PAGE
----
Stein views it typically sinisterly: "There is no new wave in America. I was told by a pretty heavy rock person that Jimmy Carter has actually put a stop to the new wave 'cos he considers it politically dangerous. Kids tell us they ask for Blondie records on their local radio station and are told the stations don't play new wave. There's just been one new wave hit, the Patti Smith song. Nothing else. Everything in America is set, it's just a fucking big system. The radio is locked into the group format, record companies are great multi-million dollar systems, it's all a massive system and there's very little room to change it. The audience are conditioned to the radio, the music press are so far behind, like The Dead Boys are Rolling Stones' token punk group. It's a joke!"
So Blondie boast subversive motives. Soften their music, level it out, aim it low, crack America, then twist back to something less, er, palatable. It's a good excuse for compromise. The Patti Smith group use a similar one. We'll see.
AFTER chats in the flats, everyone - group, assistants, pr, press - bundle into three cars to drive to the BBC. Blondie are on Top Of The Pops, members of the fab-fast regular new rosta (B.Rats, Sham 69, X-Ray Spex, Jam, Rezillos, Buzzcocks, soon the Banshees (who'd have thought), Boyfriends, Lurkers, Rich Kids, XTC.
Chris and Debbie snuggle up together. Chris, concerned mightily with the paranormal, tells me I should write that all students take up psychic research. "The Russians have a grip on the Astral Plane," he announces. "Naah," gripes Debbie.
"Really, you may groan now but in 20 years you're gonna know it. The Russians will be able to block American politicians' thoughts." Debbie ponders for a while, but is more concerned that she hasn't been sick for weeks. "Ever since I stopped eating sugar."
Blondie must rehearse, eat and record at the BBC from 3 till 9. Debbie plaintively trundles off, dragging a shopping trolley behind her full of the goodies of transformation. Stein, meanwhile, complains to me. He's producing a New York violinist called Walter Stedding for Red Star Records, improvised music: "I'll get knocked for the commercialism of Blondie's new album, and at the other end I'll get slagged for working with Stedding for being too oblique! Huh!"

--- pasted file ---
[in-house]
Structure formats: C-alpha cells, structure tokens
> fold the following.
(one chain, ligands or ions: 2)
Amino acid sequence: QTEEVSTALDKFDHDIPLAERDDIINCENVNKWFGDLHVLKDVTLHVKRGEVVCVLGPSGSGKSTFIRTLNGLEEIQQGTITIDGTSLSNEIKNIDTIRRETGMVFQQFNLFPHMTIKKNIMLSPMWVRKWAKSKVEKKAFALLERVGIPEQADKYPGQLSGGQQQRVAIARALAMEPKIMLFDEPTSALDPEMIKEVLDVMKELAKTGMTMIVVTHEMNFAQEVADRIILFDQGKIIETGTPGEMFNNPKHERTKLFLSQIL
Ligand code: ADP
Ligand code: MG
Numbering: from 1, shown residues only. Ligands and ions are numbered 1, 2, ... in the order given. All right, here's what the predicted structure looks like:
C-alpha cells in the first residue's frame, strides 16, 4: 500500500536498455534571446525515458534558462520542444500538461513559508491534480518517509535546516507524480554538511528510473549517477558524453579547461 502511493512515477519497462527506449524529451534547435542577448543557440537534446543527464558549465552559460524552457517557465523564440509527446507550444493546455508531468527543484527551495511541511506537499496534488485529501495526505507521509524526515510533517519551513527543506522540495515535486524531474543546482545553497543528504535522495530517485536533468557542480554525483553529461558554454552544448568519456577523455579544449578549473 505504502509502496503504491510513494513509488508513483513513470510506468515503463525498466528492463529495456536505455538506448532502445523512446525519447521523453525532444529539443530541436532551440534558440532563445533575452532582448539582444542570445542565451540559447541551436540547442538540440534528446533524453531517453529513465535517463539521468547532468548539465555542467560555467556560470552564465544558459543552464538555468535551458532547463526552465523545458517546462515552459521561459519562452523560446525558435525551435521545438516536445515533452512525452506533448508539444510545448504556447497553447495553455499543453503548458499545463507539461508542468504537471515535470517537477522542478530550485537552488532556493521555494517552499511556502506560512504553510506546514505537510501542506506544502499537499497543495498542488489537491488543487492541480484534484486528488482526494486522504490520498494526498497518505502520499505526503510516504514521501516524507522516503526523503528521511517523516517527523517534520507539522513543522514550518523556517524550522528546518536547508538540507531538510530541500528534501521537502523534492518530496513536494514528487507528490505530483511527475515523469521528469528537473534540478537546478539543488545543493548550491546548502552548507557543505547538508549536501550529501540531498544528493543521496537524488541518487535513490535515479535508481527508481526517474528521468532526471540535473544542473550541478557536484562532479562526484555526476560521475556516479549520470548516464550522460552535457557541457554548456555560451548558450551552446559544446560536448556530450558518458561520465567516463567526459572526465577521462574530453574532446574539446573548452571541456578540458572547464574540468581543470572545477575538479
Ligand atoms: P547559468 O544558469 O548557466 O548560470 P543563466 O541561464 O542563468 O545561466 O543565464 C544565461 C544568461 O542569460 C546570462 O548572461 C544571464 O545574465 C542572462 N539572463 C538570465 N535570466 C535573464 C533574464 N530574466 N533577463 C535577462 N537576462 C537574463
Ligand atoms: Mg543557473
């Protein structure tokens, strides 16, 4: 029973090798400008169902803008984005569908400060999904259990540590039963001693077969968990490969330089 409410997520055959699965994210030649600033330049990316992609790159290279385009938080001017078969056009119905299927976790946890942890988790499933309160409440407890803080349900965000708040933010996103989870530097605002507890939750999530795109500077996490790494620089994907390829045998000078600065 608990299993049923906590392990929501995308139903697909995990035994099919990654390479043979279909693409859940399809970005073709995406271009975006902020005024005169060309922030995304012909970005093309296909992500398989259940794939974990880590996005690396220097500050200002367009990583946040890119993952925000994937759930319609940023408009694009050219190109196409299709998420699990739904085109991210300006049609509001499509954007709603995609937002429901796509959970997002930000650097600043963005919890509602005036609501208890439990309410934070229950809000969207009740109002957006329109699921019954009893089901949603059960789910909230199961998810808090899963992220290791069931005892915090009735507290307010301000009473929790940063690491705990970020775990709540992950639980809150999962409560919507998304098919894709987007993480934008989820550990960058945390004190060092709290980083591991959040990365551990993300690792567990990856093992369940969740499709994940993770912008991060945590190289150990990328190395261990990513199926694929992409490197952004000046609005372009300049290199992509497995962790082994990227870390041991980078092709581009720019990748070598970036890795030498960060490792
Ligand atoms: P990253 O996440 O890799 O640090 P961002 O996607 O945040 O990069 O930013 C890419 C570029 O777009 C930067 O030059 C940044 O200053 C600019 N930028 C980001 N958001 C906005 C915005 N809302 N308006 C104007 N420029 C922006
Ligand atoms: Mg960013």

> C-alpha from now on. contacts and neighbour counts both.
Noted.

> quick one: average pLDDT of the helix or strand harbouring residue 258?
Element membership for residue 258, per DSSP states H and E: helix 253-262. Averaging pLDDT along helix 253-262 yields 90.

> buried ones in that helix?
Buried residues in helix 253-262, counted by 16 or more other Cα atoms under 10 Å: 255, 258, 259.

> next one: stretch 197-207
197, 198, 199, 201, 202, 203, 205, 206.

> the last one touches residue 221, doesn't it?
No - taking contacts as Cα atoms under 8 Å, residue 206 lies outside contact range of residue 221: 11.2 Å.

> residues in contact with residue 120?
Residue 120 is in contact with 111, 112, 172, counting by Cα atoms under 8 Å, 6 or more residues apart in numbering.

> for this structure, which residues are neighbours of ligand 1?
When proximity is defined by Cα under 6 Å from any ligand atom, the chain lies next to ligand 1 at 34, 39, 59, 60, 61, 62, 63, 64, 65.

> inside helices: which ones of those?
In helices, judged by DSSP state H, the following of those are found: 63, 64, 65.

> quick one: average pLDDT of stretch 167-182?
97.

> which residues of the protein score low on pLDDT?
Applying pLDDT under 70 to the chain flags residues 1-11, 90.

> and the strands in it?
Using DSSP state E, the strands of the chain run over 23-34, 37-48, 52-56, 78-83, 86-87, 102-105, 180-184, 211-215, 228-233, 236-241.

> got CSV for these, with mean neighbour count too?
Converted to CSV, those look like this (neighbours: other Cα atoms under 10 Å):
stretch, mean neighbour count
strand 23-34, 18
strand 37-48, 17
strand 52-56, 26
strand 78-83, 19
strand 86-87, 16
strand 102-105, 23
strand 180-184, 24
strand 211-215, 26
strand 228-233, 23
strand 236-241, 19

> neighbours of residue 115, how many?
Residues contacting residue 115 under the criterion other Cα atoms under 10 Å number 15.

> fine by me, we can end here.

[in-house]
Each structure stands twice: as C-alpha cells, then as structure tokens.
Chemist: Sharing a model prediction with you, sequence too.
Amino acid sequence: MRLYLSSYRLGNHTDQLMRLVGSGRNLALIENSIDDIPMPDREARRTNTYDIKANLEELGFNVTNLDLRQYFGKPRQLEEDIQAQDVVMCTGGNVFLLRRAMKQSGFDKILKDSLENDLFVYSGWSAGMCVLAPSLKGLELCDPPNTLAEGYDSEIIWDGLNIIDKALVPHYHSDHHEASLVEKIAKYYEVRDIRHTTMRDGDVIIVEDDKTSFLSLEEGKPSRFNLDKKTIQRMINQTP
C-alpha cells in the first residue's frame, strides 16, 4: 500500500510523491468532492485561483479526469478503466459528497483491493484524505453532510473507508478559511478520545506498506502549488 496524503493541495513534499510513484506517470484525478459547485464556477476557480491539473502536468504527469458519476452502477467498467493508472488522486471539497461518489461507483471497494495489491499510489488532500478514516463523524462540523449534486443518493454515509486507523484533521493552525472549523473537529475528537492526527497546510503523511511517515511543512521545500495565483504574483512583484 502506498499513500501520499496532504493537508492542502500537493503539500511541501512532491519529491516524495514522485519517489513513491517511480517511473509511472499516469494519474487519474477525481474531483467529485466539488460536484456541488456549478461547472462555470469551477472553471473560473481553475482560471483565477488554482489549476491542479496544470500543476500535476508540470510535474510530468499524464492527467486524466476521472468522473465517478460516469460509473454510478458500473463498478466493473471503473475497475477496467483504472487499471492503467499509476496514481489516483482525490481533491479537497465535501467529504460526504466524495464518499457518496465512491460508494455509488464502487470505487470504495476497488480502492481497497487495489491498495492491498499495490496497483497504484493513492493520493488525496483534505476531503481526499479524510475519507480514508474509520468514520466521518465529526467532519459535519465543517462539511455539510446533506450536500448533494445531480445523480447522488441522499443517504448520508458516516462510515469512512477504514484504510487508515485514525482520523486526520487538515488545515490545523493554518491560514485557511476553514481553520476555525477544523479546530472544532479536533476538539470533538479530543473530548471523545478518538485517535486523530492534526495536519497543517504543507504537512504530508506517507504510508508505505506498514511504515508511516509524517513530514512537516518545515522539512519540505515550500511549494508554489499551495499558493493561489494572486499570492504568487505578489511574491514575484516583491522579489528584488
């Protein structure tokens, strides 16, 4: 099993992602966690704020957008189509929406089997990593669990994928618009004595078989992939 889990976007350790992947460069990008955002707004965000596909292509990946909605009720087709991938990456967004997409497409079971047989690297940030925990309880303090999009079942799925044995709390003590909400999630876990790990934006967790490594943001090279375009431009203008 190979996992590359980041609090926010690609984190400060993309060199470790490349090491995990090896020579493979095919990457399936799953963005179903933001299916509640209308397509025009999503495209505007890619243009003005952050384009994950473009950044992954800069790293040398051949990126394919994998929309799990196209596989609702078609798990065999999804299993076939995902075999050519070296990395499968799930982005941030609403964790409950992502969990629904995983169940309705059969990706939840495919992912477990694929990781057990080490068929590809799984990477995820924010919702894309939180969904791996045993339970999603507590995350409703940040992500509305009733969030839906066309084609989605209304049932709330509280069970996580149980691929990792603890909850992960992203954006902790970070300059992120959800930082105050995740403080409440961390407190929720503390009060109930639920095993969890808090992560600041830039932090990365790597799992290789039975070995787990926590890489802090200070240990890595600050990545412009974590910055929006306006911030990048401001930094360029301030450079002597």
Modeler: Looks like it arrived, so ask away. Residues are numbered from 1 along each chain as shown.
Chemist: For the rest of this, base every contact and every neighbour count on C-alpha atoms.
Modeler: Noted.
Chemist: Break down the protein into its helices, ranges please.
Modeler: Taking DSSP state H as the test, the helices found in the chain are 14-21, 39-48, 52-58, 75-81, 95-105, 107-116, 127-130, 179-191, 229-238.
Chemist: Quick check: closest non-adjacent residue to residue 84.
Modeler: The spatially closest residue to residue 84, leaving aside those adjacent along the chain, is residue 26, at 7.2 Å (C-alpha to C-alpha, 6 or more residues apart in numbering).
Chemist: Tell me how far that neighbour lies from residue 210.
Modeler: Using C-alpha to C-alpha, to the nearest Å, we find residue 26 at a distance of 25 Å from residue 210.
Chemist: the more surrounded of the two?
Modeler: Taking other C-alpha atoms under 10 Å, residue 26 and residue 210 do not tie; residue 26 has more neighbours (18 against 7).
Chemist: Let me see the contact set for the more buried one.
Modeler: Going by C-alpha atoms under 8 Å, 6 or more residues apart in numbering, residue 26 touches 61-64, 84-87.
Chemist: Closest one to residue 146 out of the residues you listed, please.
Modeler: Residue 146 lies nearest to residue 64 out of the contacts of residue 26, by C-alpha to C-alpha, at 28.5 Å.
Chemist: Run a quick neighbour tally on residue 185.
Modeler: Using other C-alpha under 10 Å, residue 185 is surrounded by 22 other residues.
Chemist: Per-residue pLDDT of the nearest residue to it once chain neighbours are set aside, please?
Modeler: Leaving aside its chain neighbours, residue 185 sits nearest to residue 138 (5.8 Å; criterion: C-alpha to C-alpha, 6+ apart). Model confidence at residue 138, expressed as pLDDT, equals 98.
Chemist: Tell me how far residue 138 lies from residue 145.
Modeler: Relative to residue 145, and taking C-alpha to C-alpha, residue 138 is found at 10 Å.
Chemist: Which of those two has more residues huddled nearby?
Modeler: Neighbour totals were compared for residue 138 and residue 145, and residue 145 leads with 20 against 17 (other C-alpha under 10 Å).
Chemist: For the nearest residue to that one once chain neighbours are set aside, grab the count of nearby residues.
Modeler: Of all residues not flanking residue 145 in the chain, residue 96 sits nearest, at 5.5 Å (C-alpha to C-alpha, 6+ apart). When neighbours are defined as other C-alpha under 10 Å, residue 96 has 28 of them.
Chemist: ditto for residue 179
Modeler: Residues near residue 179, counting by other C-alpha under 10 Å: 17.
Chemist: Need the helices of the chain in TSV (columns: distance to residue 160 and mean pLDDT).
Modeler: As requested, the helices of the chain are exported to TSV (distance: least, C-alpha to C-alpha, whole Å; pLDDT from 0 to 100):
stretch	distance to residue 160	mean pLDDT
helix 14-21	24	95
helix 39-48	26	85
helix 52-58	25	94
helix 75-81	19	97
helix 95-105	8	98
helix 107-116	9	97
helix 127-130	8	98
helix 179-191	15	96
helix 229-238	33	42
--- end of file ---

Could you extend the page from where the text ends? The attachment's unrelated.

Stein is quite the angry young man. Not much pleases him. Top of the Pops does. He has the smug look of satisfaction as we chat in the labrynthine corridors of the Beeb, not far from where Jilted John gibberishly looks forward to meeting his heroine Debbie, who is busy becoming the illusion. "Top of the Pops is working through the system, working with the system. We'd be happy to do free concerts, but we can't, we'd do two and that would be it, we'd be out of money, it would be all over. So we work with the system. I don't think TOTP is bad."
At 7:30 the group queue up ingloriously outside studio number one, with The Jam, Hi-Tension, Bilbo and Jilted John. Burke had given record company people moments of panic by turning up at the very last minute: he'd been in Carnaby Street getting a new suit.
This fashion conscious, this group. The group have broken away from black, white and red. Stein looks a little uncomfortable in a candy pink suit, Harrison in tight green pants, Infante in sharp black and white patterned trews. This is where the fun comes in!
Just before Blondie record their spot - Harry dramatically emerging with seconds to spare suitably flawless, teased, artificial, all in yellow - Stein has me know how much Dr. Feelgood figured in what we were about to receive. Yeah? "Yeah. The important influence in New York. They came over just to play a few brief college dates and stuff, and the audience was totally made up of other bands and musicians. Just the thing of the short hair, the clothes, the shortness and starkness of the songs, the direction of the 3 piece, created a terrific buzz."
Blondie are after David Essex and before Jilted John. Blondie on Top Of The Pops - illusion within illusion.
Top of the Pops jumps out at millions of people fast, colourful, funny, alive. It's put together in a massive studio with 50 nervous kids cumbersomely shoved from podium to podium, self-consciously shaking as the group grotesquely and foolishly mime to their current sound.
It's dead and cumbersome. Legs and Co. are all about three foot 11 and must work in Woolies in the day.
Blondie run through 'Picture This' three times before getting it right. The group look embarrassed. Harry looks confused. On the screen it looks complete, a surreal cartoon. The phrase is larger than life, although that doesn't cover it. It's even nasty.
And 'Picture This' is the group's third hit in what looks like a steady run. They flew off that night to Europe and will be back in September to tour Britain in undoubted triumph. Stein attempts to qualify it: "I mean, I see Bob Marley being slagged off for being too commercial and I think that's really sad because what he's doing now is really pulling people together more than ever. He's finally going out on American radio. We saw him in Boston playing to 35,000 straight white college kids and everyone was going bananas and that to me is an actual revolutionary act, the fact that he's doing music that will pull people together, and if we can just bring people together with music, that's the real politics. We want to bring people together."
Blondie are a pop group. How they develop depends on how well they cope. You want to know more?